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Ageing: How Do Real Women Really Feel About It?

How do women cope with ageing in a world obsessed with youth? Is it harder being in your forties now than it was fifty years ago? Do women start noticing their face changing younger than before? Is Botox always the answer? Glowday speaks to some ordinary, hard working, real women about their feelings on the ageing process.

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There are some women who don't care about ageing. They accept the changes, embrace the lines and wrinkles and the shift in skin tone and texture. They don't give it a second thought and they don't feel any-less confident or attractive, their appearance doesn't impact their day-to-day life or wellbeing. Others, however, find the ageing process is, quite frankly, depressing and frustrating and it knocks their confidence.

Why do we care about ageing?

The reasons why women care about ageing are multifaceted and complicated, and it does seem to be more of a problem for women than for men. The physical changes to our faces represent a shift in so many aspects of our life, and so much more 'happens' to females then men biologically - periods, pregnancy, menopause - so when our faces start to burden the signs of ageing, for many women they just feel despair and disappointment.

Some women mourn for their youth, resent getting older and feel like the loss of their looks is just another giant slap in the face for being a woman. They feel that, perhaps, the best years of their life is now behind them and all that awaits is empty-nest syndrome and making sure the Will is updated. Of course, there are others who consider ageing to be a privilege and embrace each new decade, they find new confidence with age and feel more secure than ever before.

Rachel Dwyer, a mum of two, 45, from Cardiff is one of those women. She says: "I’m far happier in my 40’s, I hardly ever wear makeup, I do like to wear nice clothes but don’t give a monkeys about wrinkles etc. Most of it comes with discovering confidence I just didn’t have when I was younger."

Yet Suzy, 43, from Horsham, says: "I get surprised when I catch my reflection and see an old woman looking at me. I hate the changing face shape, bigger nose and something is definitely happening to my jowls."

Rachel is embracing ageing, and we can see why, utterly gorgeous at 45!

Kelly Black, a 33 year old company director, says: "I was never bothered about ageing before - probably because I wasn't ageing! But my god, having kids ages you bad, it's been rapid! I don't care so much for crows feet or forehead lines, I think crows feet add character when you age. The thing that gets me is the drooping and the lines between my nose and mouth (nasolabial) it really upsets me that there's not much I can do about it aside from filler, but that scares me. But yes, I dislike it very much - it's only in the last two years I've started to become really conscious of it."

When do women start caring about ageing?

This largely depends on your personality. I have friends in their early thirties who really dislike the subtle changes they're starting to notice, and friends in their late forties who don't care about the lines on their faces. My mum, who recently turned sixty, has only started becoming bothered about her face.

Imogen, 31, a European UX operations lead, from Bournemouth, says: "I would say that as the youngest in my friendship group I'm fairly unbothered by most signs I'm seeing now. I've seen my friends go through it first so I'm not the first one which helps and everything I see at the moment can be fixed with tweakments as it's all pretty minor. However, I'm not looking forward to the day when my neck sags and I have to start looking like a Real Housewife if I want to 'fix' it."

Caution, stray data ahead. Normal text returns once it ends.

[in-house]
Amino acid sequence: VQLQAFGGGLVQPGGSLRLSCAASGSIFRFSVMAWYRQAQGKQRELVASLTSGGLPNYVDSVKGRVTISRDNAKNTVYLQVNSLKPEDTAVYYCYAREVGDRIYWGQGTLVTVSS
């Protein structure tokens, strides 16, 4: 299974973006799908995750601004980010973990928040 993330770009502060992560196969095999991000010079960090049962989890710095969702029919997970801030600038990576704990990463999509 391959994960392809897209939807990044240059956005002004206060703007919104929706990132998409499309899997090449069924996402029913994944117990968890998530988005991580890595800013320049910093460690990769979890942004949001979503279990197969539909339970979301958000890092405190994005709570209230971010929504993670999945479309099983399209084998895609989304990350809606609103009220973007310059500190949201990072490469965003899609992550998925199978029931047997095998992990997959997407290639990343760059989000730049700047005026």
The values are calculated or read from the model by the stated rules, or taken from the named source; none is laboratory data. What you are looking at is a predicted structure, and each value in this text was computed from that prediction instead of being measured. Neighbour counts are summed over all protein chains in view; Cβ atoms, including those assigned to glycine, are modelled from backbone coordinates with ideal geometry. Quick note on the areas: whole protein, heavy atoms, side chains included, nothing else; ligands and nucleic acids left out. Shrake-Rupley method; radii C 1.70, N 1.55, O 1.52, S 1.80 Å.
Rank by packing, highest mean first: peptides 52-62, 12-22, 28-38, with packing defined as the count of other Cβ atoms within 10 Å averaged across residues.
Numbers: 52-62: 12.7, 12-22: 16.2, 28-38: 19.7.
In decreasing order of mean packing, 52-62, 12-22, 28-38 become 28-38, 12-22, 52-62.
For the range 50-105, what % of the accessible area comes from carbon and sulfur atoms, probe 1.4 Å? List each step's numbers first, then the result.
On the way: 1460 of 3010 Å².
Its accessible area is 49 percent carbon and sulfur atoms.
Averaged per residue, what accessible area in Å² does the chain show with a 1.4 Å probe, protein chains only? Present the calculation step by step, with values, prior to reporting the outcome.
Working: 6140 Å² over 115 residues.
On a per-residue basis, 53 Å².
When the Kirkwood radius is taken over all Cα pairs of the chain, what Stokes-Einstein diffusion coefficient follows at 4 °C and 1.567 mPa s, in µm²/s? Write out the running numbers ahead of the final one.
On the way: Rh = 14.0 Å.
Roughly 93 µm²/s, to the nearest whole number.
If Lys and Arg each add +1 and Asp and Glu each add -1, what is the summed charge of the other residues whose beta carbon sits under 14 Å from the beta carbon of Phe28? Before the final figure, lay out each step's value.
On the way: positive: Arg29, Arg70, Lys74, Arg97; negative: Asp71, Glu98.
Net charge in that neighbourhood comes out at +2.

Alex, a copywriter and mum of one, who is 34, says: "I didn't think I would be bothered about my face changing as I got older, I don't really mind the lines and wrinkles but one thing I have noticed and that I DETEST is that my jowls are starting to droop and I think that makes me look really old."

At 31, Imogen is starting to notice subtle changes to her face from ageing, but isn't too worried until her neck goes!

Has The Pandemic Changed Our Attitudes To Ageing?

It's fairly well documented now that being in lockdown affected so many people's views on their appearance. Glowday's own survey revealed that over a quarter of UK women (27%) feel like lockdown has aged them, especially the 25-34 year olds, of which 44% of said this was the case.

Claire Stewart, aged 43 and mum of two from Ascot, says: "I really didn't care until lockdown and I think I just had too much time to study my face and think about it. Now I'm noticing more and more things wrong with my face. I'm starting to feel my age, but I don't want to look old yet! However, I'm also unwilling to spend money to solve the problem and keep thinking water, healthy eating and exercise will fix the problem."

Claire says that lockdown has made her focus on her face more, after having far too much time to look at it. We'd be happy looking at that face every day!

Are women under more pressure because of social media?

While many women are pretty savvy to the filters and 'fakeness' so prevalent on social media, that doesn't mean all women will be and it certainly plays its part on how people feel about their own ageing journey.

Kelly says: "I don't look at younger women and feel envious as I feel so much more confident in my skin at 33 than I did at 23, even though I look older. But I have started to feel a real awareness of social media portraying that people stop ageing in their thirties because of all the filters and treatments so readily available now - which I does think adds pressure to jump on the bandwagon more than just the normal pressure I may have felt pre social media days."